For a few years now, the Rogue Rifle Company
in Lewiston, Idaho has been producing a great little .22 rimfire
that is sized for use by youngsters. Youth model rifles
have always been available from manufacturers of .22 rifles, but
they have mostly been standard sized guns with shorter stocks
and barrels, with all other dimensions being the same as for
their full-size rifles. While these youth rifles are better than
trying to teach a youngster to shoot with an adult sized rifle,
they are still, for the most part, too long and heavy.
Rogue Rifles has taken a better approach with
their Chipmunk rifle. This rifle was designed from the ground up
with the younger shooter in mind. The rifle is smaller in nearly
every dimension, not just the stock and barrel, but the lock
also. The gun is made with a trim little receiver and bolt that
has been sized perfectly to the .22 rimfire family of
We recently received for testing two rifles from
Rogue. Both rifles have good looking laminated stocks, and
polished blued barrels and receivers. One rifle is chambered for
the .22 Short, Long, and Long Rifle cartridges, and has a ramp
front sight and an aperture rear sight, along with a trim barrel
profile. The other rifle has a heavier barrel, no sights, a
scope base, and is chambered for the .22 Magnum cartridge.
Both rifles have barrels of sixteen inches in length, an overall
length of 30 inches, and an eleven and three-quarters inch
length of pull. Both rifles exhibited excellent fit and finish,
with no visible tool marks or gaps between the wood and metal.
The length of pull is a very important
measurement in a youth rifle, and the little Chipmunk has enough
stock that it can be trimmed if necessary, and still be long
enough to serve an early teenager as well. Before shortening a
buttstock for a smaller shooter, it is a good idea to first
remove the butt plate and drill the stock for two wooden dowel
rods so that the piece that is removed can be easily and
accurately reattached as the young shooter grows. The
length of pull on the Chipmunk need not be changed for most
young shooters. Only the smallest percentage shooters will find
the stock to be a bit long.
After shooting both rifles to check for
function, I enlisted the aid of two fine young men to help in
the testing and shooting of the guns from a kid's point of
view. Casey and Evan Williams were good enough to
volunteer to bring their dad along for an informal
shooting session involving shooting at a swinging steel plate. I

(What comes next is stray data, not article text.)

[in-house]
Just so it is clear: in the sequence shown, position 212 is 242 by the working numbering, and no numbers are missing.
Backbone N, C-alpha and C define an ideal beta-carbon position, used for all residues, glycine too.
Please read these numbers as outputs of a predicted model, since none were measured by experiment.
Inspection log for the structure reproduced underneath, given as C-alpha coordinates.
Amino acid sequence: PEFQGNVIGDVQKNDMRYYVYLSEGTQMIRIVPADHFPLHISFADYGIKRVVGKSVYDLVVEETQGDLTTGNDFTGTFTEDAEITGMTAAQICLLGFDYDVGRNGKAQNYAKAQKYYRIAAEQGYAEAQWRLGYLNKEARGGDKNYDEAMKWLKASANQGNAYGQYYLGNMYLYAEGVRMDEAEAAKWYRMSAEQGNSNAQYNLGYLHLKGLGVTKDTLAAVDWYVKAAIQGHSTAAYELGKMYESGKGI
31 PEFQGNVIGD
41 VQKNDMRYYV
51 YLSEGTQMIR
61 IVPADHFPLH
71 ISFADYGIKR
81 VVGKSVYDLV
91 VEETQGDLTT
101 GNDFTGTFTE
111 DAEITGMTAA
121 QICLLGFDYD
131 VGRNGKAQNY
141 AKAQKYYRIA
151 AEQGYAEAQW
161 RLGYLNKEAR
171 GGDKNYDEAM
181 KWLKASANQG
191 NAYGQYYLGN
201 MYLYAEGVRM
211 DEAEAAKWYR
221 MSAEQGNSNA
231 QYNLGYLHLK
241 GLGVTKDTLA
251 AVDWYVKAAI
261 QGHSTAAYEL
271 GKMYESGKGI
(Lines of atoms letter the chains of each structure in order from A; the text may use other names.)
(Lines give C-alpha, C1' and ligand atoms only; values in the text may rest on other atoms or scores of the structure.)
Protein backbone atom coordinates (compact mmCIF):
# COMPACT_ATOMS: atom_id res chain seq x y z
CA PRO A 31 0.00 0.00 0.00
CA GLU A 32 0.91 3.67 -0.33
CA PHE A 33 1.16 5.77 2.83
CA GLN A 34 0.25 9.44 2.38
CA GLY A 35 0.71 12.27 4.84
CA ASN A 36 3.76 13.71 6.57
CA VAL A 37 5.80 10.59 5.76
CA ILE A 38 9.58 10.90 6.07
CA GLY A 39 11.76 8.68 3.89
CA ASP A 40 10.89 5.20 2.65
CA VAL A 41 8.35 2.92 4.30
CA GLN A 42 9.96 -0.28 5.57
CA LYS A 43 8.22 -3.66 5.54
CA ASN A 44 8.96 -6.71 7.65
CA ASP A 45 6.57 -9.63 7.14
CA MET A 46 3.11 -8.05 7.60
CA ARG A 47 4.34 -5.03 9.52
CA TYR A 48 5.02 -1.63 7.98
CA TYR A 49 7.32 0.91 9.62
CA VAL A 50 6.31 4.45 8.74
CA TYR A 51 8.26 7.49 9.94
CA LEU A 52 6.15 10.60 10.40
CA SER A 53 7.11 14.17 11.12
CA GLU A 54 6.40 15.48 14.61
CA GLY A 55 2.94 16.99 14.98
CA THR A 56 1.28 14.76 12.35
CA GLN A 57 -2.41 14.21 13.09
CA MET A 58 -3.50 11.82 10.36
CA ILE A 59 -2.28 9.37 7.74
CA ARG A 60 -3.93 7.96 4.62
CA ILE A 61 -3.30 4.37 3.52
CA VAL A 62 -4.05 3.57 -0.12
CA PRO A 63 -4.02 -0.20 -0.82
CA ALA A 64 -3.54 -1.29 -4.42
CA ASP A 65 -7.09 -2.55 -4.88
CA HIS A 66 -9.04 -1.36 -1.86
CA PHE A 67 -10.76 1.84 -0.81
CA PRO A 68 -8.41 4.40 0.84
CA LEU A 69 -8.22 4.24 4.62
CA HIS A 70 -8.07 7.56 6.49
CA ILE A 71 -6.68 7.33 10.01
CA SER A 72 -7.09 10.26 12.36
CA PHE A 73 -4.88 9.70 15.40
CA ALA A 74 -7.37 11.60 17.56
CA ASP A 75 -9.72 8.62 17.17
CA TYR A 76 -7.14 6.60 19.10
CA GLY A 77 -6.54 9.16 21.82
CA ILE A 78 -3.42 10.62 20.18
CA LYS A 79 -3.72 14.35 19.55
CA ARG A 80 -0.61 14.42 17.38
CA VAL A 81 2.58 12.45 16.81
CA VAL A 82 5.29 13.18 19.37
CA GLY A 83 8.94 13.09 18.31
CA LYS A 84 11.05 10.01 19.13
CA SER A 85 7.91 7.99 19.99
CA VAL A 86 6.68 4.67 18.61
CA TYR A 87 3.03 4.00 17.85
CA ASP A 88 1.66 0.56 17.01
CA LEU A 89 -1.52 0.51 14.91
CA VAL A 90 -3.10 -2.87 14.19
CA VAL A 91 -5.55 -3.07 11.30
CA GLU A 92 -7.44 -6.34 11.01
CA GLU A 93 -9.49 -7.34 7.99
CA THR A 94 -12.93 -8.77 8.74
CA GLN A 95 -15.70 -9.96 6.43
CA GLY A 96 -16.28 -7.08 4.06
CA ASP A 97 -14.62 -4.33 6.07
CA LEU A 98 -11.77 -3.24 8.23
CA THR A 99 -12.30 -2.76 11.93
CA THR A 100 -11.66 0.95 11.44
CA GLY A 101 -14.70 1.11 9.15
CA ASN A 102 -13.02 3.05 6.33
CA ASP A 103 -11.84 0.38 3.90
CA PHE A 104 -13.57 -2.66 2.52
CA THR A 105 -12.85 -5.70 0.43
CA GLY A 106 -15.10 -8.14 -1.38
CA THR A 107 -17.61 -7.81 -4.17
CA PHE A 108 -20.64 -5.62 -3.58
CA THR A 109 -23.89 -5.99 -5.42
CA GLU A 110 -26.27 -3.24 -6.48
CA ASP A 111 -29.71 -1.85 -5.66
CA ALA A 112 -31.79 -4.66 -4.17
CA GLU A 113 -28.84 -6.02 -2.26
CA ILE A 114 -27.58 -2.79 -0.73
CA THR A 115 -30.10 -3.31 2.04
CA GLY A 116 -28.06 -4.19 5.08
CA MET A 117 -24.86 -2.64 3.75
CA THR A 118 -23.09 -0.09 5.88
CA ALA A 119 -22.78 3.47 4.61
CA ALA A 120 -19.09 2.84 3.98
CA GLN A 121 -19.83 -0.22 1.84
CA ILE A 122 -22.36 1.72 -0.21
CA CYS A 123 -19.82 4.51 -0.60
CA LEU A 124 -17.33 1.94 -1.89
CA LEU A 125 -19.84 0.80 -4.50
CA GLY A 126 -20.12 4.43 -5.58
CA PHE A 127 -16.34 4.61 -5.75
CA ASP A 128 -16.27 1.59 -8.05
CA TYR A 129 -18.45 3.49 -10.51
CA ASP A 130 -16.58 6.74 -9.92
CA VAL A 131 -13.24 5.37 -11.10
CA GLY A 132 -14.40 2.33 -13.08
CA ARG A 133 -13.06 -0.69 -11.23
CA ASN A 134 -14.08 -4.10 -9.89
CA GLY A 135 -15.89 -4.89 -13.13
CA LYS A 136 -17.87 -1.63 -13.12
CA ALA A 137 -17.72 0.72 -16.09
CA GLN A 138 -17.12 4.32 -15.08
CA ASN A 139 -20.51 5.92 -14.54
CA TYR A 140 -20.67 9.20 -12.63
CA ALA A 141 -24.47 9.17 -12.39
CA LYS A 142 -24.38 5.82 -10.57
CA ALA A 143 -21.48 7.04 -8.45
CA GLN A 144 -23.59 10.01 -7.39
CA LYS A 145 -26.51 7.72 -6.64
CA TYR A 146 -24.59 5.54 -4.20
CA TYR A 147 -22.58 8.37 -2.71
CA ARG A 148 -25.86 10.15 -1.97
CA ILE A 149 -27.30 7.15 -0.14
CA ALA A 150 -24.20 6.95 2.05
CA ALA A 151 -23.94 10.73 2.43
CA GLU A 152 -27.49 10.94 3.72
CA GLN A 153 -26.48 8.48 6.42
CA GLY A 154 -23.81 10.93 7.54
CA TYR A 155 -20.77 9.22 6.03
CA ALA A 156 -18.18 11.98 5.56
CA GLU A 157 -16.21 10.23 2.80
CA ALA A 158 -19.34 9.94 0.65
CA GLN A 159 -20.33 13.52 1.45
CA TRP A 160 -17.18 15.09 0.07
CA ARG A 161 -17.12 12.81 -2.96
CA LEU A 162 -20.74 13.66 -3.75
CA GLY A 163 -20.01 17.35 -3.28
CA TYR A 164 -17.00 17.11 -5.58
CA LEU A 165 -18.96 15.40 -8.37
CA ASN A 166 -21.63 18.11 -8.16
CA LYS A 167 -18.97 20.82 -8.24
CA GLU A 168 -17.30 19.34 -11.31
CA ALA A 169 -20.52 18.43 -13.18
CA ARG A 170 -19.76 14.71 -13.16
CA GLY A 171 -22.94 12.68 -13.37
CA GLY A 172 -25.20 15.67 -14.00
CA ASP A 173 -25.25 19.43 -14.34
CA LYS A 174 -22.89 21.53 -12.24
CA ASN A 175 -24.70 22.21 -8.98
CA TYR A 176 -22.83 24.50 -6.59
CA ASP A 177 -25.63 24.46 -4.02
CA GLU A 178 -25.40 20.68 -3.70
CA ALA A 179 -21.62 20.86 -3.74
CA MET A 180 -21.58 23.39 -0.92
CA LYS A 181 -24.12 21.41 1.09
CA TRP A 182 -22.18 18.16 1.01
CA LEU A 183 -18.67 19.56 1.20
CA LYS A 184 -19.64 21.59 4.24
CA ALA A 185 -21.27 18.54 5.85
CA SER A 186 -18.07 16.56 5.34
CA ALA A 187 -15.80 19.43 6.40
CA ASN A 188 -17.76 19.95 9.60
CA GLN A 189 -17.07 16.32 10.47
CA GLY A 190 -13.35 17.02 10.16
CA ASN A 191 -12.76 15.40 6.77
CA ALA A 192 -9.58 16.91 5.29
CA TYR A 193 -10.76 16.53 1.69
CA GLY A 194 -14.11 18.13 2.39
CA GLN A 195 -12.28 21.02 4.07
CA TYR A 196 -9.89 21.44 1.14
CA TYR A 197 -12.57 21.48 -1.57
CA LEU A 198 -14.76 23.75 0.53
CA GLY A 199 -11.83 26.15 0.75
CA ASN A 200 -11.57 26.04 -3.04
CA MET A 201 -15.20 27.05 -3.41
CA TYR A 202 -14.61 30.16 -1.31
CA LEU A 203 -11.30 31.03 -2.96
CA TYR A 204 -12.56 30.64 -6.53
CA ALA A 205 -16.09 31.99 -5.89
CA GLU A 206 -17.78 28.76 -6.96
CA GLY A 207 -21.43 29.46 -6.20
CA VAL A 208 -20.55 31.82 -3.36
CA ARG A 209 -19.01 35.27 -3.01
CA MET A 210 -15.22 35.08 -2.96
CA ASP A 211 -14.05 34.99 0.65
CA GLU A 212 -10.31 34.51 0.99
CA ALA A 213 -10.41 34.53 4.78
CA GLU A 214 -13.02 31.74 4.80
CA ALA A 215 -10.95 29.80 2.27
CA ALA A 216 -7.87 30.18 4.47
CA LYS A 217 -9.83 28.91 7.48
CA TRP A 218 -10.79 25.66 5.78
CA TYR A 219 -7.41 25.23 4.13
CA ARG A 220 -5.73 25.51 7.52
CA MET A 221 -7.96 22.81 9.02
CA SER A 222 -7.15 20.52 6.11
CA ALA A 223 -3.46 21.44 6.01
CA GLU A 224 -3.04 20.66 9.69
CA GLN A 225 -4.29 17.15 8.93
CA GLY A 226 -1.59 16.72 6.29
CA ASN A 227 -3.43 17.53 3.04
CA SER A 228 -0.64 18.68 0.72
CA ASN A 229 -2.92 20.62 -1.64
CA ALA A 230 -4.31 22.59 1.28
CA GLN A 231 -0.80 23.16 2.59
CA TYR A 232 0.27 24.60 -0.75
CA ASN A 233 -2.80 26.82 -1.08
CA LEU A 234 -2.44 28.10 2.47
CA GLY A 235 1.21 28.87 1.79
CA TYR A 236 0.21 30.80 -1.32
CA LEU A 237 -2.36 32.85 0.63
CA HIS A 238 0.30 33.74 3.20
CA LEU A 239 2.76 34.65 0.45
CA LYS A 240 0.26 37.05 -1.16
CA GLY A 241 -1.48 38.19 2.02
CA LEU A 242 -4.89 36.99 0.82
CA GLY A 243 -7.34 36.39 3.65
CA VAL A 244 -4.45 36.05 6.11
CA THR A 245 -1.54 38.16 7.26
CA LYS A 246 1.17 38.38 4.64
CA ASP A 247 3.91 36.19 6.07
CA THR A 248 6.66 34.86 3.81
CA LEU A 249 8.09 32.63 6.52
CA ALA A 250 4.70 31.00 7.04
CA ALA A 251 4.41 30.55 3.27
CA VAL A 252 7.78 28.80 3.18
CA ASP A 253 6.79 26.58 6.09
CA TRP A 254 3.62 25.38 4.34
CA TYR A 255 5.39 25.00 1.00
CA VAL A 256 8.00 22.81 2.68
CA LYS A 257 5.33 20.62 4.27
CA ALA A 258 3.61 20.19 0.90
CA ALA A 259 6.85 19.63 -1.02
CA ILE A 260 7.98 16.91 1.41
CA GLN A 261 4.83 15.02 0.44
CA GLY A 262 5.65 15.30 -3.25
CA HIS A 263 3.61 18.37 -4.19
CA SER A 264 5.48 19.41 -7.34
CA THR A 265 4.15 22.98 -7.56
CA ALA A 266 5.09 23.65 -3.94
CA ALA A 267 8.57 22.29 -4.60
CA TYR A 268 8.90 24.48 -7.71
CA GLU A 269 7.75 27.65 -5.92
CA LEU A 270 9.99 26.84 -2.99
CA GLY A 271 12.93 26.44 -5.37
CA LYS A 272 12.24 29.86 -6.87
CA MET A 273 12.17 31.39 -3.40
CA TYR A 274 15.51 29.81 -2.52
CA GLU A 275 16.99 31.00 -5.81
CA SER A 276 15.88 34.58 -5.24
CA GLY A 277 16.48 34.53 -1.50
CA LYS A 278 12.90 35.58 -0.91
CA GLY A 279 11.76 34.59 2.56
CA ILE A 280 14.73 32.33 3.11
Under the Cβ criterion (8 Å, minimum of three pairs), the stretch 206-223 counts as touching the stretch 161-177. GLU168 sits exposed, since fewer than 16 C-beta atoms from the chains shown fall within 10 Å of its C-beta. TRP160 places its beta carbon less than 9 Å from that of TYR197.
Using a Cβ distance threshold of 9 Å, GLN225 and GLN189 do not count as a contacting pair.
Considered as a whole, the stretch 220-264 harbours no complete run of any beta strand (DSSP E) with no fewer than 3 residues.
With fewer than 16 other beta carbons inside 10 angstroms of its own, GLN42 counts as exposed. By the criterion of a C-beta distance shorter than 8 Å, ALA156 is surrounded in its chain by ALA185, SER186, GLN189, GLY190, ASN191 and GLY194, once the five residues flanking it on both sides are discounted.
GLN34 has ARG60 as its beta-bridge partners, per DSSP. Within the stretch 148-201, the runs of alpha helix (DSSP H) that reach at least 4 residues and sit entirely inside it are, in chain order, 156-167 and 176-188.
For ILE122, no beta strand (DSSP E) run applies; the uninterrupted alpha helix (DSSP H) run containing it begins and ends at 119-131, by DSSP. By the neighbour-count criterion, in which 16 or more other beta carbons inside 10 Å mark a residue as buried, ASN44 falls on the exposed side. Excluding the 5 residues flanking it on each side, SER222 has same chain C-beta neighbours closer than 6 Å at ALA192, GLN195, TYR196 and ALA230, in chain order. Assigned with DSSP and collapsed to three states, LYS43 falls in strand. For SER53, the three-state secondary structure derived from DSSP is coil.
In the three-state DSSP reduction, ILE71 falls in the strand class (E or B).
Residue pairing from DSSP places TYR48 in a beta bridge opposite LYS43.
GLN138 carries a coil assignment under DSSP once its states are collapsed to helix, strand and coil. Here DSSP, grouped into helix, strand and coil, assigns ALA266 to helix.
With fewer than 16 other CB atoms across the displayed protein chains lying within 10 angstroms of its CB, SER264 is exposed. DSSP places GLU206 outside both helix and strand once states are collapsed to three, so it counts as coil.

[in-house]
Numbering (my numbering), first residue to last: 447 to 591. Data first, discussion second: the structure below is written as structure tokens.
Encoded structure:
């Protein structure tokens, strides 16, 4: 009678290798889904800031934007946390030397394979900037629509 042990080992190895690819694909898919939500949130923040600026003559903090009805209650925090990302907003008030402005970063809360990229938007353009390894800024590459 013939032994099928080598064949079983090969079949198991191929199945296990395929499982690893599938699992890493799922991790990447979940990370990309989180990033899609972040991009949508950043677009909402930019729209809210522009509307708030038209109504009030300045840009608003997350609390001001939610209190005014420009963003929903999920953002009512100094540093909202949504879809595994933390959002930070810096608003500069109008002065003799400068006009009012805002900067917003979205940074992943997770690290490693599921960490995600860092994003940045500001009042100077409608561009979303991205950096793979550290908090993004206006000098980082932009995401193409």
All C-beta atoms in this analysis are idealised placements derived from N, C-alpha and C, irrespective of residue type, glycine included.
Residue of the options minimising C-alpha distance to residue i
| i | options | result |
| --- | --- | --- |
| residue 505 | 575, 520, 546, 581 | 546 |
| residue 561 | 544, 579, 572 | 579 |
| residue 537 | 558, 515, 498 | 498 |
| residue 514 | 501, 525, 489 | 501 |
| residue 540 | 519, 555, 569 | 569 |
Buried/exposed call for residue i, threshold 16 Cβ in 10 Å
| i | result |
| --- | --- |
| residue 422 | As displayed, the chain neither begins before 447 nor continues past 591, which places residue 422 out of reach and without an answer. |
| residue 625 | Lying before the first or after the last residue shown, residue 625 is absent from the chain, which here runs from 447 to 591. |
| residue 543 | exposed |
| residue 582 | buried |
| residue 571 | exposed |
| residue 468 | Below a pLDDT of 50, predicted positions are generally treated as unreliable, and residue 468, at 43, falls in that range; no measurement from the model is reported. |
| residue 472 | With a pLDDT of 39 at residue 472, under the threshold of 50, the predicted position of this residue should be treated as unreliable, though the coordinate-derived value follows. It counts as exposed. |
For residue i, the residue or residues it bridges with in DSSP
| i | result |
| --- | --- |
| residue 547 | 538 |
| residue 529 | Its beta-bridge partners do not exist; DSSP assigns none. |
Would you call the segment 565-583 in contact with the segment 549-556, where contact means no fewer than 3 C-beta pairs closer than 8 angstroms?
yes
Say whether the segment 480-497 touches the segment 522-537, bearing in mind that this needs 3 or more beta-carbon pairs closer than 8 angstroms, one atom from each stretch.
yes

have found that kids bore quickly shooting at paper, and greatly
prefer, as I do, the fun of shooting at reactive targets. A
swinging steel plate gives the shooter instant feedback, and is
just more fun than shooting holes in a piece of paper.
The two young shooters both had experience
with a BB gun, and learned quickly to hit with the little
Chipmunk rifles. Casey, who is nine years old, really took to
the .22 Long Rifle chambered Chipmunk, hitting the steel target
with amazing regularity. The stock proved to be a little long
for his brother Evan, who is only five years old. Also,
while Casey could cock the action, Evan lacked the strength to
pull the cocking knob back, needing assistance from his father.
This is a good safety feature of the rifle, preventing a
too-small youngster from firing the rifle without adult
supervision. Both kids also fired the .22 Magnum, which I had
fitted with a small four-power scope sight, but seemed to do
better with the peep-sighted Long Rifle gun. These Chipmunk
rifles are single-shot bolt actions, and are the ideal action
type with which to teach a new shooter. The design requires that
the bolt be opened, a round inserted into the breech, the bolt
closed, and the action manually cocked before firing.
The little Chipmunks exhibited great accuracy
during the plinking session, and later in accuracy testing. As
can be seen from the photos, the little rifles are plenty
accurate enough to serve as squirrel guns for young
hunters. The squirrel was shot through the head at about forty
yards with the peep-sighted .22 LR Chipmunk.
Both rifles functioned perfectly, firing and
ejecting the cases with no problems. The trigger pulls on both
rifles were very good, letting go at a bit over three pounds
after an initial lighter travel of about one-quarter inch, much
like a military two-stage trigger.
Many youth rifles on the market exhibit poor
finish and quality. I believe that this is unfair to a young
shooter. A youngster who is learning the fundamentals of
shooting needs a quality firearm as much or more than an
experienced shooter does. Rogue Rifles supplies a quality
product with the size, safety, and accuracy needed by a
Check out the complete line of Chipmunk rifles
online at: http://www.roguerifle.com
If you have a young marksman in your household,
I recommend the little Chipmunk as a great first rifle. It has
the quality to serve the shooter for many years, and then be
passed on to another little rifleman.
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